Google Book Search helps readers discover the world's books while helping authors and publishers reach new audiences. annj Uft, Lat angor, anguisli^ trouble, or vexation ; Ir. You can search through the full text of this book on the web at |http : //books . com/ i7..:.f ► Harbarli College l^ibrar^ BEQJJEST OF JEREMIAH CURTIN (Class of X863) Rbcbived Skptbmbbr 3, 1913 r Digiti zed by Google J Digiti zed by Google Digiti zed by Google Digiti zed by Google Digiti zed by Google Digiti zed by Google Digiti zed by Google OB, AN IRISH-ENGLISH DICTIONARY. Lat armu Sy unde arma armorumy the shoulder, also arms» so c^edfrom that part of the 6ody» which is the chief seat of strength; Ir. And if those writers had carried farther back their researches into antiquity, they would find in Diodorus Siculus, lib. that the Egyptians^ for a proof that the people of Argos and Athens, and of another city of Greece, named Asty, descended from themselves, alleged, ^^ that the se- cond order of people amongst them was those unto whom the lands of the countiy were assigned, to the end they may the better apply them- selves to arms for the defence of the country ; like those of Egypt, who are there the proprietors of the lands, and are therefore oblisea to fur- nish soldiers for the wars at their own charge." I have been often think- ing that the custom of feodal tenures for military service among the Egyptians, derived its origin from the time that Joseph bought for the kins all the lands of Egypt for the provisions he fruriished to the par- ticular proprietors, during the seven years of famine mentioned in Gene- sis ; after which event the kin^ was at liberty to give out the same lands in equal or proportionable divisions, as Lycurgus did those of his juris- diction, under the obligation of military service. Before that epoch the iroperties of particulars in Egypt were doubtless -of the free allodial ind, whidi in the primitive times must have been the -case in all other countries. Refrain from automated querying Do not send automated queries of any sort to Google's system: If you are conducting research on machine translation, optical character recognition or other areas where access to a large amount of text is helpful, please contact us. We encourage the use of public domain materials for these purposes and may be able to help. jrcu^b, Lat scopuy a floor-brush, or a sweeping-broom; Ir. a;tp, any huge lump or heap of earth; hence the Latin jilpesy the name of that huge mountain whicn separates Gaul from Italy; for the Gauls called all mountains or heights by this name Ailp, of which the Latins made jílpes, Omnes (UUtmines montium a Gralíis Alpes vocant UTy says Servius ad i Gneid x. Another word of the same nature with those I have mentioned, I mean soccagium, soccage, a tenure subject to services of agriculture, or some other duties or rents to the Paramount, has its natural root in the Irish language, wherein the monosyllable f Oc is the common and only appellative of a ploughshare, or that pointed iron instrument which lies perpendicular to the coulter, and parallel to the ridge.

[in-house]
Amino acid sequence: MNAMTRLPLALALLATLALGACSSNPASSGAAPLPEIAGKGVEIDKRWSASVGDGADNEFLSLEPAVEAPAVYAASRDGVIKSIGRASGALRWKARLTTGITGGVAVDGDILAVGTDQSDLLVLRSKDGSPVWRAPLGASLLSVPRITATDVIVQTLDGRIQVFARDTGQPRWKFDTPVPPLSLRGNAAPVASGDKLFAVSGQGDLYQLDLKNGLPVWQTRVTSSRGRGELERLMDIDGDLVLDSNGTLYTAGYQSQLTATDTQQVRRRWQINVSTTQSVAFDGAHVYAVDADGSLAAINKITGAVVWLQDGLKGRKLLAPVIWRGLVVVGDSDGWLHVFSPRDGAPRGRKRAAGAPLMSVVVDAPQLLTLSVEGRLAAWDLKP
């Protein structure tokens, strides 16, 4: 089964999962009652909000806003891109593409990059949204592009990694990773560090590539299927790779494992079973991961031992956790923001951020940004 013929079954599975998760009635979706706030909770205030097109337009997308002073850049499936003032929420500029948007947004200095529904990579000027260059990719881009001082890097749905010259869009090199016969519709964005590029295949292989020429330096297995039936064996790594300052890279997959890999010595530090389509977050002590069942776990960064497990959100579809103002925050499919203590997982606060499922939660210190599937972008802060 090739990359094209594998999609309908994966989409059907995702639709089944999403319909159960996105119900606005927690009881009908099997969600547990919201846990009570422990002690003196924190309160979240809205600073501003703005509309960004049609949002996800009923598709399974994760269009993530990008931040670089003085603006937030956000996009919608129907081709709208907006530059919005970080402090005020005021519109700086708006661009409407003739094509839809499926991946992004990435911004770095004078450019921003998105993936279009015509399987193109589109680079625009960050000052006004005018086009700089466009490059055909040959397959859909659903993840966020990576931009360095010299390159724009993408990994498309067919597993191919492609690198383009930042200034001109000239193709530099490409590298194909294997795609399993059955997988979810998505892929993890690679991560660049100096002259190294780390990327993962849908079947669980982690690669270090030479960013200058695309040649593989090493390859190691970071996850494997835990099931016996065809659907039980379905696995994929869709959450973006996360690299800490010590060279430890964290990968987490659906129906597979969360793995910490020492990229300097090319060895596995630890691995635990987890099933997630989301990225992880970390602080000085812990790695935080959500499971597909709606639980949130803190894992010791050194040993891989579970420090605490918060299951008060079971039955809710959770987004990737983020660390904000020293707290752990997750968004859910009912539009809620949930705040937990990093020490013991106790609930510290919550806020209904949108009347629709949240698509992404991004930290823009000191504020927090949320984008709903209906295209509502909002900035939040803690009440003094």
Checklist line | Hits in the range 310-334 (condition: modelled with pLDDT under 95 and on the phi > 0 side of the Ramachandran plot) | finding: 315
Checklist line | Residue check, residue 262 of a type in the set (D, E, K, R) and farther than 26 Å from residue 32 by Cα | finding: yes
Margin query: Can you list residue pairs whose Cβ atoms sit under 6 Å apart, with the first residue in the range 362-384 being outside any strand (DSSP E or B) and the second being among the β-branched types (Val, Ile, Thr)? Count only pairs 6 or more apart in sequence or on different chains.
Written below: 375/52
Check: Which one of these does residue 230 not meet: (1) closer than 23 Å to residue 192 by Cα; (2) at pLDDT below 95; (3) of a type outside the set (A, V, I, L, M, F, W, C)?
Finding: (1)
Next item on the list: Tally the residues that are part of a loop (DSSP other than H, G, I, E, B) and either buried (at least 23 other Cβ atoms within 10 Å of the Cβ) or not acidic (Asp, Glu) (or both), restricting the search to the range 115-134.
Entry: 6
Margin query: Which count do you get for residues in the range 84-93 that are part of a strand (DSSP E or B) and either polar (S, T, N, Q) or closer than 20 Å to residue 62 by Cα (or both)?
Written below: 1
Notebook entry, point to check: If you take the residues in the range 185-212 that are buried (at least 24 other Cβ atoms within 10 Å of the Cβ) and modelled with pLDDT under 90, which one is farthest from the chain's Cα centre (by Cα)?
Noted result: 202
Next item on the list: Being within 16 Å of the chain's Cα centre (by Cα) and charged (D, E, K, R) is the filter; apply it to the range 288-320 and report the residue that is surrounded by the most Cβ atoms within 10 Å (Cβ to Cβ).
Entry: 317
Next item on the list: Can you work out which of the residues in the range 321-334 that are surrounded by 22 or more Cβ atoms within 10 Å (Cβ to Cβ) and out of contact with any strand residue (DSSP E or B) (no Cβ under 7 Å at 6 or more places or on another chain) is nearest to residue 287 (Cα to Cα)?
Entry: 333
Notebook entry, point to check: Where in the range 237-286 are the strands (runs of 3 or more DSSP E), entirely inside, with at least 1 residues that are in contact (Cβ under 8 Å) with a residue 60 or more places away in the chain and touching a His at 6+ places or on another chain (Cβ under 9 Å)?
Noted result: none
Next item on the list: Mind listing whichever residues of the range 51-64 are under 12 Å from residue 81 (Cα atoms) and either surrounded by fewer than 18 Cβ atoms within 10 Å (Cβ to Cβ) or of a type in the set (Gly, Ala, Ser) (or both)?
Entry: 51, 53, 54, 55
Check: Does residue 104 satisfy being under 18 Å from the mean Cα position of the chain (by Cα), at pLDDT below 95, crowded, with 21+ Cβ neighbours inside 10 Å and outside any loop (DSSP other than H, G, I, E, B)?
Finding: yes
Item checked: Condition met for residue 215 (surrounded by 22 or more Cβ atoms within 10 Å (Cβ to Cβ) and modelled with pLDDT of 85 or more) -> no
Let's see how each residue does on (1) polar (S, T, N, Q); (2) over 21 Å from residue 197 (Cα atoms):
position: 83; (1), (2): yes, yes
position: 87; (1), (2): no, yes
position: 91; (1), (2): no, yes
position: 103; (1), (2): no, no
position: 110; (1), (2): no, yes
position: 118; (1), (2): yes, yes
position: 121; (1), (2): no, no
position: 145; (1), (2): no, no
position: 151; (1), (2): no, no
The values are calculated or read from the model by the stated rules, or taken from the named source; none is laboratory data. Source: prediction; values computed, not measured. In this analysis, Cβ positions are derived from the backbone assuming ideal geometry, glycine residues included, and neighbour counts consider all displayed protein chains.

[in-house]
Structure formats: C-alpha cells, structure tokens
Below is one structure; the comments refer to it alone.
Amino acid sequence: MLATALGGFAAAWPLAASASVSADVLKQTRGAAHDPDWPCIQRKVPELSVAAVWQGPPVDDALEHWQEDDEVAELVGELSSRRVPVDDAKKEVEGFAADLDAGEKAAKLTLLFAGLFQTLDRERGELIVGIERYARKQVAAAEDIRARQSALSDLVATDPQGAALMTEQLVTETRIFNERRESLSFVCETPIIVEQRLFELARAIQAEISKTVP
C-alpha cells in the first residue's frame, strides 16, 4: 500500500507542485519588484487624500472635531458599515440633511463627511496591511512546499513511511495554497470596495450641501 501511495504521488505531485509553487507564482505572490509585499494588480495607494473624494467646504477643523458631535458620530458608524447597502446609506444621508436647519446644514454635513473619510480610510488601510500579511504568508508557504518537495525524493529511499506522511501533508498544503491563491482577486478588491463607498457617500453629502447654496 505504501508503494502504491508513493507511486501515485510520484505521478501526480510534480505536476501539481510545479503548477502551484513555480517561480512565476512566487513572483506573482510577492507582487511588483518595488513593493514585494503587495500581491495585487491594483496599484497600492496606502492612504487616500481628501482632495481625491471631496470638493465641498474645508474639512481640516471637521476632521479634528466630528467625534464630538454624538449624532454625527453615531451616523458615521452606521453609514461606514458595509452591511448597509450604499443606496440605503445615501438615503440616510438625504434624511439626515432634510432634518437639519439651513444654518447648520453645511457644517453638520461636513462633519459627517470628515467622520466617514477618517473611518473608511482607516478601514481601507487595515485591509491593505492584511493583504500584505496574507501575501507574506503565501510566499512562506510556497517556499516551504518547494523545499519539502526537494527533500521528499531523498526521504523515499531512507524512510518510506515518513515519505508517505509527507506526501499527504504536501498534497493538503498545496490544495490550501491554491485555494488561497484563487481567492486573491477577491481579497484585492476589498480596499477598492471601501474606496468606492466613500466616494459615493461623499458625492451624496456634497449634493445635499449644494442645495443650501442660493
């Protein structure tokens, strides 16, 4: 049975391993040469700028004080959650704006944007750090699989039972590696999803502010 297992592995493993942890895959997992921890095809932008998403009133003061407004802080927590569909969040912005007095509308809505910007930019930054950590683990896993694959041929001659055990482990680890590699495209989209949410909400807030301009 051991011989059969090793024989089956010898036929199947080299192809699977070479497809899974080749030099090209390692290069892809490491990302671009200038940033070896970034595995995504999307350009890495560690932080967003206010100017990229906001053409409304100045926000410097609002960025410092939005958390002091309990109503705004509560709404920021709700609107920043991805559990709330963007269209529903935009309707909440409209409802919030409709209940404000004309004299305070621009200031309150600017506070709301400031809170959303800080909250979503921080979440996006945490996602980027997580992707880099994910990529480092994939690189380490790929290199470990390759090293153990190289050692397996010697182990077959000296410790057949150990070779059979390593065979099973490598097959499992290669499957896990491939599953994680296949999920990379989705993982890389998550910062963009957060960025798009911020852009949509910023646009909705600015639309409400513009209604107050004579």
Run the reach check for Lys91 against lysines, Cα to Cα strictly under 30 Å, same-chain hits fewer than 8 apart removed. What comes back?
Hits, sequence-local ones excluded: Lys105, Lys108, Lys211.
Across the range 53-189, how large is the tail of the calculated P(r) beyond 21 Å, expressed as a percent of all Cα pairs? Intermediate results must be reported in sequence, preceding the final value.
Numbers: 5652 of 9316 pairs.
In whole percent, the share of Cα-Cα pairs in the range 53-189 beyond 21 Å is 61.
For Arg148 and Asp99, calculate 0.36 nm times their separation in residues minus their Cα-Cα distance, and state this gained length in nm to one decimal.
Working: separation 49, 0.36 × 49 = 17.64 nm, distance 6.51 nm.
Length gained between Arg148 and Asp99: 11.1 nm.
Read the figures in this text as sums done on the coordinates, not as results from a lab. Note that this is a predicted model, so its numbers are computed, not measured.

It has survived long enough for the copyright to expire and the book to enter the public domain. A public domain book is one that was never subject to copyright or whose legal copyright term has expired. Whether a book is in the public domain may vary country to country. It b particulafly to be remarked that the Guidhelian colony never £ve any other name to the island than that of Alban, or Albain ; and it when the Belgics, afterwards called Britcxis, anoestcnrs of the Wddb» and who in all likelihood were mij Led, either from the beginning or by d^;reesy with Gauls, as well as with Cimbrians and other Germans, fcnnced Áe Guidhelians towards the northern parts of the isle» the name they had first given it» followed them always» so as tjo be appropriated to whatever tract th^ inhabited.
Hence it came to pass that this name stuck at last to Caledonia» or North Britain, afterwards called Scotland» from the colony of Irish Scots who first settled in those parts imder the ccmimand of Fergus» son of Ere» and his brothers» in the beginning of the sixth century.
T THOSE THAT HAVE BEBN COMPOSED FROM THE NINTH AND TENTH CENTURIES, DOWN TO THE SIXTEENTH ; BESIDES THOSE OF THE LIVES OP SAINT PATRICK AND SAINT BRIDOIT, WRITTEN IN THE SIXTH AND SEVENTH CENTURIES. Nam, utl alibi Jam admonul, quemad- laodiim Ang U fuere coloaia Saxooum, et Britanni emisaio veterum Cettanim, Oa Uorum, Cimbronun ) ita Hlberoi sunt fc, water, the name it then bore amongst the people of tfie country ; and whether the word Tarn was always prefixed to Isc or Isis, either as an epithet, or as being the name of the nver Tame, which joins its water, as it possibly might also have joined its appel Mve with the river Isc or Isis ; in either supposition the Ibemo-Celtic word t&ri), which signifies «till, quiet, gentle, smooth, &c., was a very natural epithet for the river Thames, as well as it may be a very significative name for the river Taine.